2

Is it safe to use integers as hash keys?

my %hash;
my $str = ...

for $str.NFC {
    %hash{$_} = ...
}
5

A normal Hash coerces all its keys to strings:

my %a = '1' => 'foo', 2 => 'bar';

say %a.pairs.perl;  # ("1" => "foo", "2" => "bar").Seq

Note how the second key became the string "2", even though it was originally passed to the Hash as an integer.
When you do hash look-ups, the subscript is also automatically converted to a string before it is used:

say %a{"2"}.perl;   # "bar"
say %a{2}.perl;     # "bar"

Note how the subscript 2 correctly found the element with key "2".

The conversion from integers to strings is well-defined in Perl 6, yielding a unique string for each unique integer, so the example you gave is fine.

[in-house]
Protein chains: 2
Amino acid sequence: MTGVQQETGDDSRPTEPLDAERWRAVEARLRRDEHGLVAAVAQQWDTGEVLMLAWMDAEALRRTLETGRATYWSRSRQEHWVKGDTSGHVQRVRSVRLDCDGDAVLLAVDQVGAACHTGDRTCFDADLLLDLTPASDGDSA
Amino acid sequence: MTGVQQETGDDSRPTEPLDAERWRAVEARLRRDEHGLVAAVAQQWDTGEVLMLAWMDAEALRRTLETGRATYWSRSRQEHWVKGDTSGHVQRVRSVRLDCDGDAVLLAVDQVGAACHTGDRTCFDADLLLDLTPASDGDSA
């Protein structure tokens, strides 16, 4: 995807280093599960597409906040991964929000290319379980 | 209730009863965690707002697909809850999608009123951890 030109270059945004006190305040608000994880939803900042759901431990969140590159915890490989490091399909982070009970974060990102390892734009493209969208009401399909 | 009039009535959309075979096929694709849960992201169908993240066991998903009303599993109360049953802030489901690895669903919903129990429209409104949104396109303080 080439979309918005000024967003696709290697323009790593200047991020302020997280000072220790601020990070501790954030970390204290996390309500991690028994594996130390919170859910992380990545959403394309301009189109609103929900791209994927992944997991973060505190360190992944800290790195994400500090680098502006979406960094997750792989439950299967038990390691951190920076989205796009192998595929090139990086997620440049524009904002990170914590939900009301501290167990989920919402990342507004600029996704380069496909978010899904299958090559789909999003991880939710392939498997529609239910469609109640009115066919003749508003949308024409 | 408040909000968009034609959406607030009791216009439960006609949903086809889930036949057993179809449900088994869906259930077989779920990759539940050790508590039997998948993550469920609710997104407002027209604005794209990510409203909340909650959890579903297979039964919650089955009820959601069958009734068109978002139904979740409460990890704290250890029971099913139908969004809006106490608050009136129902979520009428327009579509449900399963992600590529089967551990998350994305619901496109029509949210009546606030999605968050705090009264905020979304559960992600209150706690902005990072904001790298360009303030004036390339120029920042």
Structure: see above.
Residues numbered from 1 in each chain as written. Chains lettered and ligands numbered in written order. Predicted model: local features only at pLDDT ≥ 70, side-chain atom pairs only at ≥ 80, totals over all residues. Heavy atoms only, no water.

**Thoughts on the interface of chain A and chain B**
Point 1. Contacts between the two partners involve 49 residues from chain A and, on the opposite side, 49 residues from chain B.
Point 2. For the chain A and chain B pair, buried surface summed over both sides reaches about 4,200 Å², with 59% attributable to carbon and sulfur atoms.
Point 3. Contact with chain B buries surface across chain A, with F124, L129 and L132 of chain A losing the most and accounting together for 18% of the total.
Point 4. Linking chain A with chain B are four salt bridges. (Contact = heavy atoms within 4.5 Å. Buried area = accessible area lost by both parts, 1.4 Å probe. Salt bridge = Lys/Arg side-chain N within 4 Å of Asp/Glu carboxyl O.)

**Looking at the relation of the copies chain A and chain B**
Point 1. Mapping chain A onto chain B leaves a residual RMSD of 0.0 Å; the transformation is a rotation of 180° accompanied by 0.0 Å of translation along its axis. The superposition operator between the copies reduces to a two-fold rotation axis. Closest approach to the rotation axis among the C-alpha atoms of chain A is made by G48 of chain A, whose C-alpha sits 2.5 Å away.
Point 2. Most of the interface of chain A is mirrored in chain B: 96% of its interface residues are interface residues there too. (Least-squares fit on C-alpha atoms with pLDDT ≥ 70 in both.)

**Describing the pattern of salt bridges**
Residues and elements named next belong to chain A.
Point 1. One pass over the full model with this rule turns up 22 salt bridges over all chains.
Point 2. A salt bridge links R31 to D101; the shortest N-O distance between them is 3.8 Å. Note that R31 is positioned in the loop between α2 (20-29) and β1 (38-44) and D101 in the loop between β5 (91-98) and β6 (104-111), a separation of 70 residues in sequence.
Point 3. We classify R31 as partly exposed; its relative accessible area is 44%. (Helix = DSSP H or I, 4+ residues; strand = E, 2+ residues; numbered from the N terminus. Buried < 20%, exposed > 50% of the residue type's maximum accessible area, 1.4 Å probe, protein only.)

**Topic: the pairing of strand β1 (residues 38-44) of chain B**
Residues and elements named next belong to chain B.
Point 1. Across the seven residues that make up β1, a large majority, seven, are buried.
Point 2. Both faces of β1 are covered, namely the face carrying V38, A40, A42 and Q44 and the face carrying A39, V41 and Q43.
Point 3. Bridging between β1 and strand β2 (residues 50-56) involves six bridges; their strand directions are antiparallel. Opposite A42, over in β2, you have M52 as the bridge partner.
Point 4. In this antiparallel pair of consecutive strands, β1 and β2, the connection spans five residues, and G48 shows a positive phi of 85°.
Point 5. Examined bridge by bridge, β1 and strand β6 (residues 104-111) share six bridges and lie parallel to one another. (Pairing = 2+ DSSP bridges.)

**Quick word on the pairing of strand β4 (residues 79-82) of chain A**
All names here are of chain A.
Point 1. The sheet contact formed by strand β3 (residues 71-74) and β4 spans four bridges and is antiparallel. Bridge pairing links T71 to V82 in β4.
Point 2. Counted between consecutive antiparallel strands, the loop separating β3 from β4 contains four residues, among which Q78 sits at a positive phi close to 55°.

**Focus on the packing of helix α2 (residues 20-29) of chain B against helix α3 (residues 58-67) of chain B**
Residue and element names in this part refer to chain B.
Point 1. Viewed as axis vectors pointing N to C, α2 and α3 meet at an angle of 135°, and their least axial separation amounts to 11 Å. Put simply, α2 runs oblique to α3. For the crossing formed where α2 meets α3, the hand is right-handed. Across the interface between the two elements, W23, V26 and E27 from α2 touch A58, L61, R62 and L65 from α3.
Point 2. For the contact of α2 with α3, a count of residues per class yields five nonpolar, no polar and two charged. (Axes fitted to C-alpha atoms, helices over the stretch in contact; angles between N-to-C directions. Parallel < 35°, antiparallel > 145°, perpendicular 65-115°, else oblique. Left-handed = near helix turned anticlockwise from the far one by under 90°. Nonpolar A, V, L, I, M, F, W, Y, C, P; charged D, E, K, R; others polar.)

If you don't want your Hash keys to be converted to strings, you can override the key handling using the {} notation in the declaration:

my %b{Any} = '1' => 'foo', 2 => 'bar';

say %b.pairs.perl;  # ("1" => "foo", 2 => "bar").Seq

say %b{"1"}.perl;   # "foo"
say %b{1}.perl;     # Any

say %b{"2"}.perl;   # Any
say %b{2}.perl;     # "bar"

Note how in this case the second key 2 stays an integer, and doing a look-up with the string subscript "2" does not find it, nor does the subscript 1 find the entry with key "1".

%b{Any} means "accept keys of any type, and don't coerce them". This is sometimes called an 'object Hash' because it can map from any object to a value.

%b{Int} would mean "accept only Int keys, and don't coerce them". In this case you'll get an error if you even try to use anything that isn't already an Int.

Your Answer

By clicking “Post Your Answer”, you agree to our terms of service, privacy policy and cookie policy

Not the answer you're looking for? Browse other questions tagged or ask your own question.